One wealthy family sat eating rice and lamb, oblivious of the dark, hungry eyes of the bony children who squatted nearby. Holwell’s own stomach rumbled. He had eaten only one hot meal and a handful of dry biscuits in the last few days. Swallowing hard, he turned his head.

Inside the governor’s mansion, Holwell threaded a path around the European women and children gathered in the grand ballroom. This group was quieter but the little white faces looked just as hungry. The humid air seemed to grow heavier by the minute with the perspiration of fear. He stopped to help button a shoe, smiled, patted a few heads. It was all he could offer.

Hearing the angry voices from inside the council chamber, Holwell drew in a breath then opened the door. George Minchin stood with his hand on his sword, his red tunic noticeably unsoiled, nostrils flared, dark head thrown back, arguing with the much shorter Charles Manningham. Minchin’s voice had risen to almost feminine pitch. Apparently, now they were down to arguing who would get what spoils.

Slipping into the room, Holwell wondered for the hundredth time how Minchin had made commander of the garrison. He had lost all control over his subordinates.

Governor Drake sat on a keg of gunpowder as if ready to defend it with every ounce of strength in his corpulent body, wiping his round face with his sleeve and making no effort to end the argument.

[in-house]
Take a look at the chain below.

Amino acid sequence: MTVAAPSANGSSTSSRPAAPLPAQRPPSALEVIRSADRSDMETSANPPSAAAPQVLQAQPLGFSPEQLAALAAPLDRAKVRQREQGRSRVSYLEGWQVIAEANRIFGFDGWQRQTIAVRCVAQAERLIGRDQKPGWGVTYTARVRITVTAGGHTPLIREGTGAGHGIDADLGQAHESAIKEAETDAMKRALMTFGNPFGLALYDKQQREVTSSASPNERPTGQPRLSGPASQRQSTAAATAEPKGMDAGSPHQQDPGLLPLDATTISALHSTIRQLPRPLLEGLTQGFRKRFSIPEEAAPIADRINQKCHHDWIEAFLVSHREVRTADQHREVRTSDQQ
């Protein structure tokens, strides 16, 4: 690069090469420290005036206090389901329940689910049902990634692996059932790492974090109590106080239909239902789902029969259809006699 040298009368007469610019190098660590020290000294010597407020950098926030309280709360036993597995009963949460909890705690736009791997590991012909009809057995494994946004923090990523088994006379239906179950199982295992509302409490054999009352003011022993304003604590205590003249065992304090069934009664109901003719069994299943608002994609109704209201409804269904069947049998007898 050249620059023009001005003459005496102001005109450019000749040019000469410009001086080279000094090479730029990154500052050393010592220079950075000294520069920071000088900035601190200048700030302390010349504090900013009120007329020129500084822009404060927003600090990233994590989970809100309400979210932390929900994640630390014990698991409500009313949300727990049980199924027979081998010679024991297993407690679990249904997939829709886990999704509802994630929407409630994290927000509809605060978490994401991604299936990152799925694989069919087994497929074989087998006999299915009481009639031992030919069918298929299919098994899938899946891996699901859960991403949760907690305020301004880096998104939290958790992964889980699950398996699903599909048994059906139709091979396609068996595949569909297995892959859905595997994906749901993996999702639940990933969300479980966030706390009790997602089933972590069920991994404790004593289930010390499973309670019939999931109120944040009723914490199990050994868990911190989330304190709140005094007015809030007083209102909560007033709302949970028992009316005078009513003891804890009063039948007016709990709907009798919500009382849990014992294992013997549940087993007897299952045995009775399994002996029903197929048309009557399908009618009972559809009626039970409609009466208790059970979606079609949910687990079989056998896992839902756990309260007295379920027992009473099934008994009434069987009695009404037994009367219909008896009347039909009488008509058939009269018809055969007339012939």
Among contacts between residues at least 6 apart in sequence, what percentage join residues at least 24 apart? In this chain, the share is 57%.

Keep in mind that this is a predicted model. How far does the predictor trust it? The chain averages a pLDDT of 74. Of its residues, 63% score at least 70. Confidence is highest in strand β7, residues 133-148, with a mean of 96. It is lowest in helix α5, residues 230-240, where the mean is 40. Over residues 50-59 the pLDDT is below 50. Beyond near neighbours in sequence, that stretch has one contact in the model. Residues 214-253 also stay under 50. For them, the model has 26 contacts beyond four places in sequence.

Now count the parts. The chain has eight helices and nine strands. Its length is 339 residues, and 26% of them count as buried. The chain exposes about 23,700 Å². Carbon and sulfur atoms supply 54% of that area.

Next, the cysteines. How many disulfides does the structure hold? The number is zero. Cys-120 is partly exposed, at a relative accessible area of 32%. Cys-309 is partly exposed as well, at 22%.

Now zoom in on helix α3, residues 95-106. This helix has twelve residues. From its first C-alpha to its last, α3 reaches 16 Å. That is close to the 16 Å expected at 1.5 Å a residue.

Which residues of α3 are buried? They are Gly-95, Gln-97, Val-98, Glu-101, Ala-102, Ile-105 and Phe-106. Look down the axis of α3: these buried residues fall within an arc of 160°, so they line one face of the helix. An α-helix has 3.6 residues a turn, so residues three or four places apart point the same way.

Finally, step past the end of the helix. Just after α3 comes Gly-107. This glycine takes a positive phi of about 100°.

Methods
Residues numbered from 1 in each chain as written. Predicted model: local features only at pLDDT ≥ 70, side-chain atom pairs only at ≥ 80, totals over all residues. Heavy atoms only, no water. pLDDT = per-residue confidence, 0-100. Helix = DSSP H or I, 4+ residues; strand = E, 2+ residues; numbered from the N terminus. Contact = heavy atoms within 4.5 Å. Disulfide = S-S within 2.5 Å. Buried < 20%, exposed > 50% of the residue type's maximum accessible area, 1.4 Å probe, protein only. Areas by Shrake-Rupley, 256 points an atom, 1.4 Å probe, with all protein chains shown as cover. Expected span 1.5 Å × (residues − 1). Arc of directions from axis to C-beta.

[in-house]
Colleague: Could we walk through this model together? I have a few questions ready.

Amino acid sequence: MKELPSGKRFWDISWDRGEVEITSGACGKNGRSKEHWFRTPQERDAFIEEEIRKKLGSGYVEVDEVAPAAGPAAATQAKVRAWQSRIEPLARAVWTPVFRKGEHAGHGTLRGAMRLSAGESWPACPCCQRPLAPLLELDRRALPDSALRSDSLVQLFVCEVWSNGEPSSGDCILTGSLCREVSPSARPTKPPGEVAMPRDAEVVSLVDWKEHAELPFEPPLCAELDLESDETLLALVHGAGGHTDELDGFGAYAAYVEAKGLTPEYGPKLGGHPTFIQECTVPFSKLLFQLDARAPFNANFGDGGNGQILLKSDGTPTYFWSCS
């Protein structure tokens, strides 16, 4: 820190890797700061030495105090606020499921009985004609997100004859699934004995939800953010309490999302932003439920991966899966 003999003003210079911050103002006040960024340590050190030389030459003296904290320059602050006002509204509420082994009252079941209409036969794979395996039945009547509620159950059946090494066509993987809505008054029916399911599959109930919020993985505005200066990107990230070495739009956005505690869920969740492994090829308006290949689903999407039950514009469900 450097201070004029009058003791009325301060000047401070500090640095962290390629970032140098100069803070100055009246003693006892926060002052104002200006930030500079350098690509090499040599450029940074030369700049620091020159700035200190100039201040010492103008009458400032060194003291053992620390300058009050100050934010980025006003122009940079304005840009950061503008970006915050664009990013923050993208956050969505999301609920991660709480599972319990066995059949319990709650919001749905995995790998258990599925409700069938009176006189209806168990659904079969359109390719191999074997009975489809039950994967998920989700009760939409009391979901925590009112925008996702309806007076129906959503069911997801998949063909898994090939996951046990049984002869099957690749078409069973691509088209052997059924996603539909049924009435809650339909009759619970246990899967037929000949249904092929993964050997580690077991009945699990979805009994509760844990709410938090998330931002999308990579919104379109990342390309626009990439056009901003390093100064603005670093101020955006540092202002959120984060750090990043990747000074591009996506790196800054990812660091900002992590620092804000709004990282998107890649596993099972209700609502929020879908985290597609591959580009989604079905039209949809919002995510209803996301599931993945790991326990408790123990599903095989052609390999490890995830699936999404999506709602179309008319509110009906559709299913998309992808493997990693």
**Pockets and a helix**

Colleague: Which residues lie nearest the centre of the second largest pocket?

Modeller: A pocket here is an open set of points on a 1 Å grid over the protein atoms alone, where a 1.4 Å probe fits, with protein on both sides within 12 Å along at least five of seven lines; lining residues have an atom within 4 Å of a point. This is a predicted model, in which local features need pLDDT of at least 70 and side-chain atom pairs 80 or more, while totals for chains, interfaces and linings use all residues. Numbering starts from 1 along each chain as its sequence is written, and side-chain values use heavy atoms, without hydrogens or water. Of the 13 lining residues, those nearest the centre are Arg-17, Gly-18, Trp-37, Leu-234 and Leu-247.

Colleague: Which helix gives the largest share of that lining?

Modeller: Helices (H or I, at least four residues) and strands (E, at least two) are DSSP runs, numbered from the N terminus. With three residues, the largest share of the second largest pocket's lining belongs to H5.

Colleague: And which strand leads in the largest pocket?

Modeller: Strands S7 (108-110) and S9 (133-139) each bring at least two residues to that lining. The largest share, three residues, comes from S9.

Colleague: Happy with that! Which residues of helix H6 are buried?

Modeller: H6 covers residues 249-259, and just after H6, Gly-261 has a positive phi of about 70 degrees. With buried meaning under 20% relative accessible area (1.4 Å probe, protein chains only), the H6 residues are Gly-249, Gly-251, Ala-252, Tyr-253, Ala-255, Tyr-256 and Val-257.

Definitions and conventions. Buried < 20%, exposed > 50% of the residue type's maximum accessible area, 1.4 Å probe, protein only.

Holwell sat down beside the young clerk, Darton, who tried to take notes as fast as his hands could move. His paper had great splotches of ink from his haste in dipping into the inkwell.

Doomsday could come but the East India Company would have a proper record of it.

Drake waved his arms at last and raised his voice. “Enough gentlemen. We must think of the safety of our people first. Manningham, go make sure the women and children get safely aboard the Dodaldy.”

From his position, Holwell could see the triumphant look on Manningham’s ferret face. Manningham had spent his year of service to the Company in a constant state of dissipation, his capacity for drink exceeded only by his capacity for complaint. They would never get the young man back off the ship.

As Manningham scampered away, Minchin turned on Drake. He never had the chance to speak.

A great screech of air filled Holwell’s head. The resulting bang he felt more than heard and found himself on the floor with drops of limestone raining down around him. The Nawab’s cannonball put an effective end to the council.

Although unhurt, the others seemed to have lost their senses. They abandoned the chamber, becoming part of the melee outside.

The Hoogly River fronting Fort William’s west side proved to be their only strategic advantage. The European women and children quietly evacuated, half through the governor’s wharf, the other half through the back gate to the northwest. Quietly that is until a cry went up, reverberating across the water.